WRN: What is something on the website that would resonate for everyone quickly? What should a visitor look at first?

NJ: There are so many great articles and resources on the site it’s hard to choose. I encourage people to just browse around. I also recommend that everyone go see the documentary on Mr. Rogers, Won’t You Be My Neighbor?. He is so good at explaining why it’s important to listen to children and to love them unconditionally. This is a big part of our methodology too.

WRN: One of the big issues in education is testing. How are you able to integrate Buddhist teachings and still be able to follow state standards for test scores?

NJ: We definitely intend to meet all state standards. There will be some years where we intentionally are a little bit behind on specific, particular chosen issues or subjects and then there’ll be places where we’re ahead of the standards. We intend to use assessment not as a punitive tool. I think it’s important that students know where they stand but they don’t feel judged. We want to make sure that they get a proper, well-rounded comprehensive education. But we are not going to be testing them on their meditative skills or like anything that (laughter).

WRN: If teachers or administrators are interested, could they integrate particular elements of the program or is it a holistic model?

NJ: First, they would have to be a bit patient until we are ready to start disseminating things. But then we will offer all of it to be cherry picked as much as people want. You’re not going to get as much out of it if you don’t understand child development and if you don’t have a contemplative practice of your own, which is a big key to the success of this model is that our teachers are practitioners.

You can’t be teaching mindfulness if you don’t have a mindfulness practice. You can’t just read a book about karma to your students and expect them to be excited about it. You need to embody the understanding.

I’m all for the mainstream mindfulness programs entering the school right now. But it has its limits. I feel there’s so much more potential if you can go deeper, if you can connect it to lineage and tradition, which is what we’re trying to do. It’s mindblowingly interesting. We’re happy to support mindfulness programs. We’re also happy if people want to take the full package.

WRN: Do you find because you’re dealing with younger ages it’s easier for them to comprehend these concepts than adults?

NJ: I can’t really answer that. They do feel things very deeply. And they are naturally very curious, they love learning. I think children tend to be more in the moment and in their bodies and very absorbing. They just tune in to the quality of the relationships around them. For example, when somebody says, “I’m sorry” but they say it with a tone that seems like they aren’t really sorry. The child doesn’t care about the words. All they feel is that tone. That’s why it’s really important that people who are with children have genuine hearts of kindness, be genuinely attentive, be non-dualistic in their thinking, and non-judgmental when teaching. Children absorb that. Adults are less absorbed and they like the logic and reasoning. They want to hear the fact.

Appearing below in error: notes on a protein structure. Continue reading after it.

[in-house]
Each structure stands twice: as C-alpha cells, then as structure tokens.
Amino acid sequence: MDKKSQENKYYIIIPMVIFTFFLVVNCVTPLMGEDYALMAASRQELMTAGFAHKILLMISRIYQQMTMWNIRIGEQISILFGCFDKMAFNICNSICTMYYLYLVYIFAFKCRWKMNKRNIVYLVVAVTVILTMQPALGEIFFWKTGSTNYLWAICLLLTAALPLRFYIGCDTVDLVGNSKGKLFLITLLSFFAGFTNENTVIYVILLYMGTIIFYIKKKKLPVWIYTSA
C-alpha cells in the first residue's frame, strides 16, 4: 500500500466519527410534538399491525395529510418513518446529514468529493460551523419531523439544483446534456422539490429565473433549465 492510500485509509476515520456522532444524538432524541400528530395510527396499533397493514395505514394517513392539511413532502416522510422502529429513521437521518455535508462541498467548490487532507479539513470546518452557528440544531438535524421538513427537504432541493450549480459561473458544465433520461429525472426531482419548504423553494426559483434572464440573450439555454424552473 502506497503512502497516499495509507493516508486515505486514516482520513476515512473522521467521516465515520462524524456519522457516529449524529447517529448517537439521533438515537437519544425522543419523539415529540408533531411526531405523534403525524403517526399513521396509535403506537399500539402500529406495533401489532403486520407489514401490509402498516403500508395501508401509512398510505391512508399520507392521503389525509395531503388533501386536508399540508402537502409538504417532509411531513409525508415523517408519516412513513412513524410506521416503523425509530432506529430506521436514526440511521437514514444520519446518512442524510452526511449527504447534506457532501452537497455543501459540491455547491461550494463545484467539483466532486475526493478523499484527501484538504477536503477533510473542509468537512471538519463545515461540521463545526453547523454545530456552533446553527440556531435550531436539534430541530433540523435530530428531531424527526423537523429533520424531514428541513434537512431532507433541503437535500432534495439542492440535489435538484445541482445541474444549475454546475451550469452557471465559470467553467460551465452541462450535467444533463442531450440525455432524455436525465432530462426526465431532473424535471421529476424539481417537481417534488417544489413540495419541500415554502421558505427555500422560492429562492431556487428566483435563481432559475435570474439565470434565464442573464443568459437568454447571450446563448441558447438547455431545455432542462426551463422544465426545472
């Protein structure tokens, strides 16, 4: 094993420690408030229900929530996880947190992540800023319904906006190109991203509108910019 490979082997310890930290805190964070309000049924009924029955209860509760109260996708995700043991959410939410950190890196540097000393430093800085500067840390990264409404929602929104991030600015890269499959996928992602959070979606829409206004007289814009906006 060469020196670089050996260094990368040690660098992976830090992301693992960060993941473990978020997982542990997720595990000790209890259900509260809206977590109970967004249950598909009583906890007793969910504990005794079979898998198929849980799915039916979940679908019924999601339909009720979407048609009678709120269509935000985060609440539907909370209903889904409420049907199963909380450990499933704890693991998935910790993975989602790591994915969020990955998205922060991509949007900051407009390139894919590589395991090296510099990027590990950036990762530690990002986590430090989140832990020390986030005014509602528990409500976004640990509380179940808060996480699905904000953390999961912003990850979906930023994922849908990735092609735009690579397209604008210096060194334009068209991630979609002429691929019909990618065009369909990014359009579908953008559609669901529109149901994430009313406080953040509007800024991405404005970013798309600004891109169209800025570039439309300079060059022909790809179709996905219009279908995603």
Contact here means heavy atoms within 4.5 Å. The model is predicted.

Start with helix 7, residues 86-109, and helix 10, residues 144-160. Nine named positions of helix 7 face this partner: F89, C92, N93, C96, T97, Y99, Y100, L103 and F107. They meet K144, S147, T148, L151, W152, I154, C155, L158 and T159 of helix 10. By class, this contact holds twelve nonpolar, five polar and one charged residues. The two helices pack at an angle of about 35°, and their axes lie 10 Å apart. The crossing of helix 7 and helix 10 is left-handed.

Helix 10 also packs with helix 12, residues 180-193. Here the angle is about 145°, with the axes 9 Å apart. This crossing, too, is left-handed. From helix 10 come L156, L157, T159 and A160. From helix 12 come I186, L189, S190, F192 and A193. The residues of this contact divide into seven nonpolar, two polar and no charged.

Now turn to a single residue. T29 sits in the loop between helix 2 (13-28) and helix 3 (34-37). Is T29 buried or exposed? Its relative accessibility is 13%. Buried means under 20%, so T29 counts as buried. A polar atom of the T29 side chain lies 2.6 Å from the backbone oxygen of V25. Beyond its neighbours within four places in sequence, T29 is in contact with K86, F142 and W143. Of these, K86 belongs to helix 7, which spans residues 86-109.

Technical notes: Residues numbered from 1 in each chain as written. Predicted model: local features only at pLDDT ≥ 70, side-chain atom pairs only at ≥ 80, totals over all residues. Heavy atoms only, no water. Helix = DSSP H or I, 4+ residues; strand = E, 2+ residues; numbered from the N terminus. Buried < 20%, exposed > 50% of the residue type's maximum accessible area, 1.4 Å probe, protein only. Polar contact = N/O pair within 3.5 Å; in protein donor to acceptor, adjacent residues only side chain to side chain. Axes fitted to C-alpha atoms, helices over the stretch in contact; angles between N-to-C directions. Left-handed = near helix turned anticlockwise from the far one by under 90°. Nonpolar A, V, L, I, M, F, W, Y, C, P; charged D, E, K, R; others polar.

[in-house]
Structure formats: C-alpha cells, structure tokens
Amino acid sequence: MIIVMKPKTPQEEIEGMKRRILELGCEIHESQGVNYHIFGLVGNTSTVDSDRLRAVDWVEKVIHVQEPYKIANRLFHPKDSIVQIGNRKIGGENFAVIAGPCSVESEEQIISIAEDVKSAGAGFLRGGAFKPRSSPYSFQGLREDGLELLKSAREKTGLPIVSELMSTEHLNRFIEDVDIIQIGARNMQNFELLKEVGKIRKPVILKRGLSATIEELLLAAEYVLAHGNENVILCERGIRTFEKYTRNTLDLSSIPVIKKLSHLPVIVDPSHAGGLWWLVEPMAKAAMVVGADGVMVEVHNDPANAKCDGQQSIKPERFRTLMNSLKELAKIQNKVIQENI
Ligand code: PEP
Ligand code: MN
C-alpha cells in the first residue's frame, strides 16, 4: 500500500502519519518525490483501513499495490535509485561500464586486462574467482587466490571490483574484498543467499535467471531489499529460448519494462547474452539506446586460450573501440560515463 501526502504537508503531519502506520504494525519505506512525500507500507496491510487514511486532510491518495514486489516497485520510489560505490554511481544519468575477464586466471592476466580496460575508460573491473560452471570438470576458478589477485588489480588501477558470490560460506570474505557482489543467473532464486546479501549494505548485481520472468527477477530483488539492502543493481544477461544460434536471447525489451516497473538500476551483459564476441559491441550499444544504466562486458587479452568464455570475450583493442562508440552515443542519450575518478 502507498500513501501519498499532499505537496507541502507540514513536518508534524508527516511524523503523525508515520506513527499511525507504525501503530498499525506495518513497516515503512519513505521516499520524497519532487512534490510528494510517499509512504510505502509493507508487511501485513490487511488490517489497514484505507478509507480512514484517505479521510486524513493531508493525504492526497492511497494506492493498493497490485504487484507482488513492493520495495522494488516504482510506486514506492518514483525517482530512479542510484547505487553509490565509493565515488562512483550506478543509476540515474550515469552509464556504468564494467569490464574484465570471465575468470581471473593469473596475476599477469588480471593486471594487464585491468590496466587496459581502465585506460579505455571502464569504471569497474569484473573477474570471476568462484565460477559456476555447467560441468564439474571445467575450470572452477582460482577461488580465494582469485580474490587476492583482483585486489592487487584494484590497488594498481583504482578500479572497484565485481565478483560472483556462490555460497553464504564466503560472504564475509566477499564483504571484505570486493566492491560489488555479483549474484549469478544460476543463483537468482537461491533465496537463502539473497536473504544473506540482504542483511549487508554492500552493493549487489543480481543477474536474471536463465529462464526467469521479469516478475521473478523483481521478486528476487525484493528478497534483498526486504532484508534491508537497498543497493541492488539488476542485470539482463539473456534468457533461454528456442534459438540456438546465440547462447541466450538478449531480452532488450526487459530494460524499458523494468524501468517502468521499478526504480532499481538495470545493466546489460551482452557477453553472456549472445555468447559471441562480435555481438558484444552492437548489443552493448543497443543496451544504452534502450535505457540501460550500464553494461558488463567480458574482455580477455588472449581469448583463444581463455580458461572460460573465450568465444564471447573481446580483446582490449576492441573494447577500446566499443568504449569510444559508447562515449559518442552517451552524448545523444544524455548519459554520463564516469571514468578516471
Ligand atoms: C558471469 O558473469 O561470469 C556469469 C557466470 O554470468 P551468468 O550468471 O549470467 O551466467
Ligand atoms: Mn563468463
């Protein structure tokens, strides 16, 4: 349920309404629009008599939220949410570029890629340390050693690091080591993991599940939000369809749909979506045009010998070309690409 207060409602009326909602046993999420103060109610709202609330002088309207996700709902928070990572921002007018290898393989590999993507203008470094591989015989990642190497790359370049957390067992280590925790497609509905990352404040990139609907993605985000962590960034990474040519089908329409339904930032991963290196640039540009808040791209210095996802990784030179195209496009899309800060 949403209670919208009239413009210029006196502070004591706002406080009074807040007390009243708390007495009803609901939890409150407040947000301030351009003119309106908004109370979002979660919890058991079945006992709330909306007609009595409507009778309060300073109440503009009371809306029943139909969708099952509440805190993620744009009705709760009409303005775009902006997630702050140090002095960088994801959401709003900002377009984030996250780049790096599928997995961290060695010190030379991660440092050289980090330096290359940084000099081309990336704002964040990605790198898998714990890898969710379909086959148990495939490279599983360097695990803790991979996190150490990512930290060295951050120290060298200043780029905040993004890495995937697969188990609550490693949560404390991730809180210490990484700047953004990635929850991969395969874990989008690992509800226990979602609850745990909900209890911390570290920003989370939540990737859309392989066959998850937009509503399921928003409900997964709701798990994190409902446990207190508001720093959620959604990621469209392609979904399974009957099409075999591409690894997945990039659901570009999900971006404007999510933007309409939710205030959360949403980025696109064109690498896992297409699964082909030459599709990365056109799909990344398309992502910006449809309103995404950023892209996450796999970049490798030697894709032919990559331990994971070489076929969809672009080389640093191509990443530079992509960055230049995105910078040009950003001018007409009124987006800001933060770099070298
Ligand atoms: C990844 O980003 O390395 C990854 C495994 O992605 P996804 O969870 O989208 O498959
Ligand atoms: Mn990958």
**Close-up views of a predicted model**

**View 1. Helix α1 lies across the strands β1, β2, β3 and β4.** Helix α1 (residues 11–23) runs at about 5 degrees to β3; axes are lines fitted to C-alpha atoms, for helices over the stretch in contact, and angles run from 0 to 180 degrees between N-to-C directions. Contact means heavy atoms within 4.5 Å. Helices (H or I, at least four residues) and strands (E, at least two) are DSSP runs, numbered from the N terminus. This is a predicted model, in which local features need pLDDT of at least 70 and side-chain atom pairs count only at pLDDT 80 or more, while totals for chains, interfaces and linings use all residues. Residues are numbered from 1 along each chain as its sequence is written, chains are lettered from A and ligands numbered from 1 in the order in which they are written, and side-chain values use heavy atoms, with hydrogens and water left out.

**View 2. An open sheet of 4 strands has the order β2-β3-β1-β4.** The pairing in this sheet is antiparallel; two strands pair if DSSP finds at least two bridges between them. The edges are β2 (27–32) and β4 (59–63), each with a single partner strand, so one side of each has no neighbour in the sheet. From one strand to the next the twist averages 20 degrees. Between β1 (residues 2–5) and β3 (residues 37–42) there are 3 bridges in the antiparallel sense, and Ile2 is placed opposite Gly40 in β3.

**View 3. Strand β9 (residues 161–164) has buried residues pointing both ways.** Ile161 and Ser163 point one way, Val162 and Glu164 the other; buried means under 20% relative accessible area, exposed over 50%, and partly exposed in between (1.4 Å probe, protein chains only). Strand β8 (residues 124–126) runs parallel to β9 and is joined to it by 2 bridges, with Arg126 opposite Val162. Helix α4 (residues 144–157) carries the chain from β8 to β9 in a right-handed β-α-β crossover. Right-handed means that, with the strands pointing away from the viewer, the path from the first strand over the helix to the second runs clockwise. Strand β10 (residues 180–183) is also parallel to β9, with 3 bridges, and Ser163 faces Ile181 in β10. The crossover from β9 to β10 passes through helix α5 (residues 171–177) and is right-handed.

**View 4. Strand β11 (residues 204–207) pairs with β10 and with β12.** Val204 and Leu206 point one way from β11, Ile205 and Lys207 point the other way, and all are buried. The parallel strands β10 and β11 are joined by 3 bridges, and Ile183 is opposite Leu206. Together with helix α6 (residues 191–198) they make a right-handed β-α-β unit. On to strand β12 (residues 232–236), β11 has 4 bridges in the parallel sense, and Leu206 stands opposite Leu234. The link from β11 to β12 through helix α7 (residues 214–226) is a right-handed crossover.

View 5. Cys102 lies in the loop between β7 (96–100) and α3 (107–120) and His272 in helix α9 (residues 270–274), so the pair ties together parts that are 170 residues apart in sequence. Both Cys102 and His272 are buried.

WRN: Are there any misperceptions you are worried about with the program or the mission of your organization?

NJ: The program is too young to know what people’s misconceptions are so far. Some people might thing we’re not serious about education that we’re “too Buddhist.” Then some people might think we’re not Buddhist enough, that we’re just a mindfulness and compassion school program. Or they may think we have some agenda. We’re all and none of those thing. I think it’s also important to note that we are completely ecumenical. We aren’t promoting one particular school of Buddhism. At the same time, we’re not blending them all in a blender.

My teacher once used the analogy of mixing salt and sugar. Just because they look the same doesn’t mean that you eat them at the same time. So even though Thai and Tibetan Buddhism are based on the same principles, they are very different. They taste very different. We don’t want to mix it all together and whitewash things. We want to really present each tradition in entirety. We’ve have tremendous support and enthusiasm from all corners of the planet. People are really excited and want to know more about what we’re doing.

WRN: If someone is interested in getting more information about the program and school where should they go?

NJ: They can go to both of the websites: sign up at www.middlewayschool.org/contact for our school mailing list and sign up for the Middle Way Education site and become a subscriber.